Wednesday, June 22, 2011

Uniformed Betrayal

I grew up trusting uniforms, largely because in Catholicism, our family's religion, clergy wear uniforms--or at least that is how religious garb was explained to me in a way that made sense.  I was taught clergy were there to help us improve and live our lives the best we could.  That idea of uniforms extended to Catholic school, a place where clothing would not yield competition because everyone wore the same thing (mostly).

Then there were police officers.  Police were the people you went to when you were in trouble, you were scared or you were lost.  When you're a child, people tell you if you are lost and see a police officer, tell the officer you are lost.  When we hear a gun shot, neighbors beating each other up or a prowler, we are taught to call the police. 

Then there's the military.  We learn (or at least I did) that soldiers suffer and die for our country, that they are brave, that they do what they must even if the public disapproves of the conflict.

These men and women represent honor, and their uniforms are symbols of that honorable life they have chosen.

So what happens when we lose trust in those who are supposed to protect and guide us?

In families, when children are abused, they live in fear, hiding from the people who are supposed to care from them.  They distrust most everyone, especially grown ups who wear their own sort of uniforms--suits, ties, adult clothing and expressions.  The adults come in all forms--as teachers, doctors, fire fighters.  Children have difficulty getting over the sort of betrayal that happens when someone in power misuses that power.

The experience is no different when the public or an individual has a seriously negative experience with those in authority, especially those wearing an obvious uniform.  That has happened to me with a few institutions, not necessarily named here. I will neither name those institutions nor go into details because first, the past is the past, second, because the people involved were truly screwed up and I have forgiven them, and third, I was truly screwed up (though not quite so badly). When you put an emotionally screwed person in the same vicinity as a manipulative or violent screwed up person, the ending will probably be bad, tragic and/or traumatic.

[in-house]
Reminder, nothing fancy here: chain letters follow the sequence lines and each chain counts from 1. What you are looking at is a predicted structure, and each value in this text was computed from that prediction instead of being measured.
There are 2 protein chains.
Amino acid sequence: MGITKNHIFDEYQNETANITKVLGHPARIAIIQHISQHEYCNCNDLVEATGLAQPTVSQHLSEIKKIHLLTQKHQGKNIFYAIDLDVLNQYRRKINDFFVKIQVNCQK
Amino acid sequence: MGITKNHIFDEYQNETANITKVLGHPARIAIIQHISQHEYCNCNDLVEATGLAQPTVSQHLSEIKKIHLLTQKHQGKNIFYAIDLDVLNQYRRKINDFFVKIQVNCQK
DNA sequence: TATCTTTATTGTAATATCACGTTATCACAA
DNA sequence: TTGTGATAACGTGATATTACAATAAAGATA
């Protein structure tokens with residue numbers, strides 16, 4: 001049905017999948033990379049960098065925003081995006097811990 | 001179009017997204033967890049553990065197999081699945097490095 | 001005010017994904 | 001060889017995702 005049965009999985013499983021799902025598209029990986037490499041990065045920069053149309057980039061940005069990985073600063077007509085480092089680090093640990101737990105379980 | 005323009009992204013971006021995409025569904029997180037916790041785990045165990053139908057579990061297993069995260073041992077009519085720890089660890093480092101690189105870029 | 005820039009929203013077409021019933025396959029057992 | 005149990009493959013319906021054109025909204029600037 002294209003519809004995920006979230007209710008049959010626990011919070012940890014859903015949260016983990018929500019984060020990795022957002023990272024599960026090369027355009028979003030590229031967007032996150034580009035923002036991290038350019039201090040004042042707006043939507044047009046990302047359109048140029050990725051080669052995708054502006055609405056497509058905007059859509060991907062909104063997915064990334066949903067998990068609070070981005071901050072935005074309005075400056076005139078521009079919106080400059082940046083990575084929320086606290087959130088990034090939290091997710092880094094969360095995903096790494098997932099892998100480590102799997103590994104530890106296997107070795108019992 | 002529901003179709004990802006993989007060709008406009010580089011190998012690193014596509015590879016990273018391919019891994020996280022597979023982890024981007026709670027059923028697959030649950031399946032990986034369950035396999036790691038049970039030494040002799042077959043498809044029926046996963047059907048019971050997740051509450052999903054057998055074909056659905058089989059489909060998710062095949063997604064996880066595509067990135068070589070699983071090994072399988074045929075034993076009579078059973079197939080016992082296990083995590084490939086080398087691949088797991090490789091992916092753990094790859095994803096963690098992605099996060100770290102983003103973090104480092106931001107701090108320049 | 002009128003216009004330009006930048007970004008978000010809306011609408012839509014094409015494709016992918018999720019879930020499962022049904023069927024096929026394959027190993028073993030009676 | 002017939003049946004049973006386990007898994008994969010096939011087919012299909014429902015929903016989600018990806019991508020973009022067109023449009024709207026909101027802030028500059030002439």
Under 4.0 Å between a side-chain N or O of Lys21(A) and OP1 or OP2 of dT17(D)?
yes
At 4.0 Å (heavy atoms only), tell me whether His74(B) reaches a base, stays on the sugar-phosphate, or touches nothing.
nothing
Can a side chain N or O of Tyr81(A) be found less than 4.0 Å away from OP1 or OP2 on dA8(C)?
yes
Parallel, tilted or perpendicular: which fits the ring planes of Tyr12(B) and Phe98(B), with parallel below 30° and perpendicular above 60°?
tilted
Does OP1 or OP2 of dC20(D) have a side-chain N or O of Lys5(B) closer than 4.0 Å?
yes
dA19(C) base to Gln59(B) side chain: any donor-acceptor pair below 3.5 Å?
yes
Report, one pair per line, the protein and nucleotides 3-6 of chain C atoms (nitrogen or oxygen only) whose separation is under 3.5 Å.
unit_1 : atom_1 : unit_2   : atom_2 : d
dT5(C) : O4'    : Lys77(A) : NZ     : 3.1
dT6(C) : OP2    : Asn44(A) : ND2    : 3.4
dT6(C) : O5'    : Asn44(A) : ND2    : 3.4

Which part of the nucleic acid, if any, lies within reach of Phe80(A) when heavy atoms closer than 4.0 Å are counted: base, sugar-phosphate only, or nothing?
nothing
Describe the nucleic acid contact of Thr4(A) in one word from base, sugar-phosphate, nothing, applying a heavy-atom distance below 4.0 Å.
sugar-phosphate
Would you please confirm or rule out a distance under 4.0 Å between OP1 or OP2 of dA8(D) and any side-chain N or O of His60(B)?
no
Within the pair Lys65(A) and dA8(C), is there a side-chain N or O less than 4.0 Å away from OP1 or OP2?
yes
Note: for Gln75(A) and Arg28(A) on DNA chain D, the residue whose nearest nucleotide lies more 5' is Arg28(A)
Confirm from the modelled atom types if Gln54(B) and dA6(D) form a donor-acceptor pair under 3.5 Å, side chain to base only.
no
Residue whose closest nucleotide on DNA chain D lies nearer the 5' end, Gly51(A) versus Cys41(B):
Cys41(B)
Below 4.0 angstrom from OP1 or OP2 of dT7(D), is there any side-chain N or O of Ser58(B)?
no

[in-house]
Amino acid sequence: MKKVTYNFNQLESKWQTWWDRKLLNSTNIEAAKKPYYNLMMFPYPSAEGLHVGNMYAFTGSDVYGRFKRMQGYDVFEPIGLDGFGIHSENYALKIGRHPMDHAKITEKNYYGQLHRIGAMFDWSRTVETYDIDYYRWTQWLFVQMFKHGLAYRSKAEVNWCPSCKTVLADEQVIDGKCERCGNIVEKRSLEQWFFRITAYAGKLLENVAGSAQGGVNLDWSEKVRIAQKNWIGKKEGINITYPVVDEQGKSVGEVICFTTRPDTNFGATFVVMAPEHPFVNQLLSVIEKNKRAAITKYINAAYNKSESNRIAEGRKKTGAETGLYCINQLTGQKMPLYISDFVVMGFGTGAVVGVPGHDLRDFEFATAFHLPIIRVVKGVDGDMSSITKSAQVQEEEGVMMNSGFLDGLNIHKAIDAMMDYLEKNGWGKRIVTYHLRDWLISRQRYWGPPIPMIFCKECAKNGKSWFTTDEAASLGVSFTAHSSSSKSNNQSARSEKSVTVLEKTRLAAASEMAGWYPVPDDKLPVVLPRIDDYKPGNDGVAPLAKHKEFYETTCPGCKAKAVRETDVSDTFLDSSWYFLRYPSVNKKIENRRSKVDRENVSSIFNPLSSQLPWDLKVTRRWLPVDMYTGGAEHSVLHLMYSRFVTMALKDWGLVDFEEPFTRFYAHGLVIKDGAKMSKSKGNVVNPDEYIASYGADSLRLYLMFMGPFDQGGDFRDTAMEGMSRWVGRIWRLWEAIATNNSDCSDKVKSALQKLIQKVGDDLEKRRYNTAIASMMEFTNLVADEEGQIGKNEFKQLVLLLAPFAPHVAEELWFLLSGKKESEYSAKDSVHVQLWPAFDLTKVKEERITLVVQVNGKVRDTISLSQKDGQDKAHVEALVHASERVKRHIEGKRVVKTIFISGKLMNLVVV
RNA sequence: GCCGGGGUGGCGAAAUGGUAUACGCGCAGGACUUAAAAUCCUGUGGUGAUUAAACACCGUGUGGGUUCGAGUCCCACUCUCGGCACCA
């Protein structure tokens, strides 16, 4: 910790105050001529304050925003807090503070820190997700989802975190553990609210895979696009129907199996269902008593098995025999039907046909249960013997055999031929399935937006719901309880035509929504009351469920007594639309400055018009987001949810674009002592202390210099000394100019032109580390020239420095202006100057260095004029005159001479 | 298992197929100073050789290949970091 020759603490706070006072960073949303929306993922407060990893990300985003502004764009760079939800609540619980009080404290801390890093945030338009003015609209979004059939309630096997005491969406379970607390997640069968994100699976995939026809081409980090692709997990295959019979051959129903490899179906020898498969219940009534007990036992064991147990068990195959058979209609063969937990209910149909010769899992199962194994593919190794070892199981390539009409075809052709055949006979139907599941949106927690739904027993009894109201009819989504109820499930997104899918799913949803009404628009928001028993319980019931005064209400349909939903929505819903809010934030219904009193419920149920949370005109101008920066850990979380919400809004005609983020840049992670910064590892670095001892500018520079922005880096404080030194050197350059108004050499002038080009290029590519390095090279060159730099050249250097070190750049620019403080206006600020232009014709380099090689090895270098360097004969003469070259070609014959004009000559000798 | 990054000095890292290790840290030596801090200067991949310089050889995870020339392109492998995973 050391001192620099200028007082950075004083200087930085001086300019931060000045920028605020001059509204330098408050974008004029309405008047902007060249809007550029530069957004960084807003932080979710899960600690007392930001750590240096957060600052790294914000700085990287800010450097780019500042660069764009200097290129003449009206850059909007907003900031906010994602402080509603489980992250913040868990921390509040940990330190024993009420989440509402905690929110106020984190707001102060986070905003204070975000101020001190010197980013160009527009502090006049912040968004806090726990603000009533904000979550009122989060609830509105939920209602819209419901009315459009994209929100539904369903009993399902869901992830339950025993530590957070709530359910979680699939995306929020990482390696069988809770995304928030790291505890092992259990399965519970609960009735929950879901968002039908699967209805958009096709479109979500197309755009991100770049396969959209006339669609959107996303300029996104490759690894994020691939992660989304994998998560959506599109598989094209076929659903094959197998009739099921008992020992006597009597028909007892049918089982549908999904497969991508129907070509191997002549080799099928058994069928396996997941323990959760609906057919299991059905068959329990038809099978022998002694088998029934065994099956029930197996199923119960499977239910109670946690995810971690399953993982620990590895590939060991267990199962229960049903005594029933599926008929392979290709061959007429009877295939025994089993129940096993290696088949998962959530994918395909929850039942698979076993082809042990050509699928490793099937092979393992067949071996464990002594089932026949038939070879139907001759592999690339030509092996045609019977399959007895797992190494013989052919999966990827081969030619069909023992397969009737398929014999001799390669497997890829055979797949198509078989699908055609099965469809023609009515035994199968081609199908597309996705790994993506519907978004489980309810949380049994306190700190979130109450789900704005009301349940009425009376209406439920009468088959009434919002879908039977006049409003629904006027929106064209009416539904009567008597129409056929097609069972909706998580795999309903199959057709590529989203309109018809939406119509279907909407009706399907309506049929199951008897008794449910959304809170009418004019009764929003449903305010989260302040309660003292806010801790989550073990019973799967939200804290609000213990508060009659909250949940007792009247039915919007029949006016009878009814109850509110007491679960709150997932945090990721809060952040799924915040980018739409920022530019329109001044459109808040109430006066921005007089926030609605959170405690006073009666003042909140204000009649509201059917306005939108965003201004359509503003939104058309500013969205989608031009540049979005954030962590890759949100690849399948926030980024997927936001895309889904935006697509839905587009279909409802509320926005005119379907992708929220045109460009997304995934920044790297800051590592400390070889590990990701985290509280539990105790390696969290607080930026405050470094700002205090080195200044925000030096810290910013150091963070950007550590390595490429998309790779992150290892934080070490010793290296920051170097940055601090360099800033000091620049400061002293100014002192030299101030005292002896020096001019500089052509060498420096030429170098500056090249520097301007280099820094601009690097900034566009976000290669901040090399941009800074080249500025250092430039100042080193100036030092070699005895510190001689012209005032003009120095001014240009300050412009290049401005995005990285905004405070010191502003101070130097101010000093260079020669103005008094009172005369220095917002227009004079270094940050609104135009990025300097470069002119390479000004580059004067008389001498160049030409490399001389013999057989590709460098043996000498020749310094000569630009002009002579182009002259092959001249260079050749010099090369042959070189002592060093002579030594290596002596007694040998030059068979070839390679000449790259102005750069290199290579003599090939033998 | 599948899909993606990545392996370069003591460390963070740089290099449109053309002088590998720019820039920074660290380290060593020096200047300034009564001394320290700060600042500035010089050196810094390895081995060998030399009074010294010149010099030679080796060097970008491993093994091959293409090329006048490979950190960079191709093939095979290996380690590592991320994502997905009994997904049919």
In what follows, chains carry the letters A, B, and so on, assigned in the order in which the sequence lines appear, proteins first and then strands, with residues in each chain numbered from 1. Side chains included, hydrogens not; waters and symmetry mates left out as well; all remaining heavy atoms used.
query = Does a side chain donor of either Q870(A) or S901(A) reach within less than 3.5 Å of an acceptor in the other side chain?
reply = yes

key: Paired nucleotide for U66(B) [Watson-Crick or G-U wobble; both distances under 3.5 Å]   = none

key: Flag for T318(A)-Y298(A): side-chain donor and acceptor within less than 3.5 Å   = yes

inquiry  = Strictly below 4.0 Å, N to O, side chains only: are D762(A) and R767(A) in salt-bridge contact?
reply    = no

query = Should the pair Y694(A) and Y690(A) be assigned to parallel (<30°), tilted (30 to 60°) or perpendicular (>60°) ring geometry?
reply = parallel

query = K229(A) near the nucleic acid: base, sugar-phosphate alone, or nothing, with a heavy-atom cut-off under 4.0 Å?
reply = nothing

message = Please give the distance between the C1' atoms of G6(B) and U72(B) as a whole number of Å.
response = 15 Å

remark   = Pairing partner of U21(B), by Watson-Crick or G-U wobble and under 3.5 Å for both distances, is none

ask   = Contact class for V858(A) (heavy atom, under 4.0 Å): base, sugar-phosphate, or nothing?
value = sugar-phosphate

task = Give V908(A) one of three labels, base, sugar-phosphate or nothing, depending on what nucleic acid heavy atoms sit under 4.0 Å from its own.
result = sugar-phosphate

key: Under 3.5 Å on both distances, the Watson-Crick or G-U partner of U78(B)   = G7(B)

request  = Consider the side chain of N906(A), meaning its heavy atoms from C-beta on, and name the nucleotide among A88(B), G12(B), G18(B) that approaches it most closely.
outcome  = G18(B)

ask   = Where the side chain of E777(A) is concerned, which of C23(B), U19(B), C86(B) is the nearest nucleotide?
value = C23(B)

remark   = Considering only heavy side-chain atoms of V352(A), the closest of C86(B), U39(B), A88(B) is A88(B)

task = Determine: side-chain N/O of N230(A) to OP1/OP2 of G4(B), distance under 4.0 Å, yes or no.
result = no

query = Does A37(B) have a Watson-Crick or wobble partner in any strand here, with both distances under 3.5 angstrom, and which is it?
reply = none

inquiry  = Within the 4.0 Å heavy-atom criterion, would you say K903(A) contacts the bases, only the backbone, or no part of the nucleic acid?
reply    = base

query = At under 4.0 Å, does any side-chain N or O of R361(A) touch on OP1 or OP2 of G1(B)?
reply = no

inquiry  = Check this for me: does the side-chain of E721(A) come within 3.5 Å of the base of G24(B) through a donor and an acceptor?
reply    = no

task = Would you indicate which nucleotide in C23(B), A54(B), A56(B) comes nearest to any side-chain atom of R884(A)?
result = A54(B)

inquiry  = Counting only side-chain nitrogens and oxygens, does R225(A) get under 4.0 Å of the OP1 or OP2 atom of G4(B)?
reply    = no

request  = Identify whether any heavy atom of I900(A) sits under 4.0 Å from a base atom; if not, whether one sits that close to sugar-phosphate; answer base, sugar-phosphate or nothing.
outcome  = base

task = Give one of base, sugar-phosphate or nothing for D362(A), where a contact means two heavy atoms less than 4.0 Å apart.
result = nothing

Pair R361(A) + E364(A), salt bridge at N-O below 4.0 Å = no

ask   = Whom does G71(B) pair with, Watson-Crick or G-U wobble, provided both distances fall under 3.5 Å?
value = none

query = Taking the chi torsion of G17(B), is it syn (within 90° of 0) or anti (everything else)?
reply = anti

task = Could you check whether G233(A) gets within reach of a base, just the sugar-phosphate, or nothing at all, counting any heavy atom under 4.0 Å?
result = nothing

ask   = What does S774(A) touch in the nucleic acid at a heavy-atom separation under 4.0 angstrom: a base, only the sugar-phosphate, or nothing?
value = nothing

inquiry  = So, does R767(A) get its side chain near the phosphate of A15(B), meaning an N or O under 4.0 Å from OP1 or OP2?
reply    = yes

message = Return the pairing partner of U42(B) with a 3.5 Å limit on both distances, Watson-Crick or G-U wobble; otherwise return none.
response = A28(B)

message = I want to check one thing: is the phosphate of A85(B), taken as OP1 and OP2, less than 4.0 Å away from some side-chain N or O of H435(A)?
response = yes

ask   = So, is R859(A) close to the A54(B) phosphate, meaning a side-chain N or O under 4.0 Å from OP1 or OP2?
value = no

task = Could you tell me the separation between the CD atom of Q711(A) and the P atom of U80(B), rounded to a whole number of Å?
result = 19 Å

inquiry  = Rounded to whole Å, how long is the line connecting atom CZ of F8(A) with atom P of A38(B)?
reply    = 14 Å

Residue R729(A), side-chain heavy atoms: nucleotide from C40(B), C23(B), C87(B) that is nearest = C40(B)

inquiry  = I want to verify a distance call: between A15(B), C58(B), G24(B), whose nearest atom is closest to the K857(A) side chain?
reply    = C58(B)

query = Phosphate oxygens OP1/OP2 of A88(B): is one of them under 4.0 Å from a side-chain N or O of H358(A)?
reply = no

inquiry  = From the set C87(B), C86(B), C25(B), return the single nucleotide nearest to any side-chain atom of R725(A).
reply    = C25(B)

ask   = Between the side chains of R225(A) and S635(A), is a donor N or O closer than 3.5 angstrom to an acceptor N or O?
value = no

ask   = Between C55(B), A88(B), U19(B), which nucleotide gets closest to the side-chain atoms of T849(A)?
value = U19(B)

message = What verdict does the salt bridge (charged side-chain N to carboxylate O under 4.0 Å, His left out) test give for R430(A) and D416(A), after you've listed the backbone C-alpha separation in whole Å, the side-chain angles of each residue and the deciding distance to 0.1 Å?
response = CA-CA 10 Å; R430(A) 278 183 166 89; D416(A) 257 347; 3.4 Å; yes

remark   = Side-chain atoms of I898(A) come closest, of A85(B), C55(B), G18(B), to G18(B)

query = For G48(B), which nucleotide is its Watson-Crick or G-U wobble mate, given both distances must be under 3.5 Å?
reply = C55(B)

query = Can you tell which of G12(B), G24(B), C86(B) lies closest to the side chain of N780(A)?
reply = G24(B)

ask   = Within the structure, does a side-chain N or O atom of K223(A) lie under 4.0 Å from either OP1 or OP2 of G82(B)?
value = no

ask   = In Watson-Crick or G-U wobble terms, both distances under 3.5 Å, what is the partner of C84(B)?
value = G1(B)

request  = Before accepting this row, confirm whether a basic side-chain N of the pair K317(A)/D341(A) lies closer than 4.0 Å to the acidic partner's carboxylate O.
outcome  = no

My experiences left me feeling betrayed on so many levels, I didn't know where to start the healing process (other than the obvious therapist's office which can only help so much).  So I  knew I had to face my demons--the groups that were represented by these individuals.  I wanted to know that not everyone who belonged to these groups was warped.  I wanted them to prove it.  And of course, they did prove it.  The majority of the people I met were indeed honorable. I just had the misfortune of running into the exceptions who happened to be breaking the rules of the organizations.  I came out of the experience understanding and respecting these people who lived up to the ideals their uniforms represented.

This is all terribly ironic because I am someone who has historically disliked group behavior.  I never really trusted it, nor did I really seek to participate. But the overwhelming indoctrination to trust a uniform left me vulnerable.  Even if I were healthy at the time of these encounters, my naivete would have left me open to the intentions of these institutional anomalies. 

I am still learning to spot and heed red flags and to balance my distrust with my trust.  I am trying to ignore my inherent rebellion, my personality inconsistencies and my often bad attitude.  I have been focusing on becoming healthier and wiser.  It's a slow process.

In the meantime, I hope, through my experience, others will learn that a uniform does not necessarily equal goodness.  But more importantly, I hope those in uniform understand how much people like me need to be able to trust them. 
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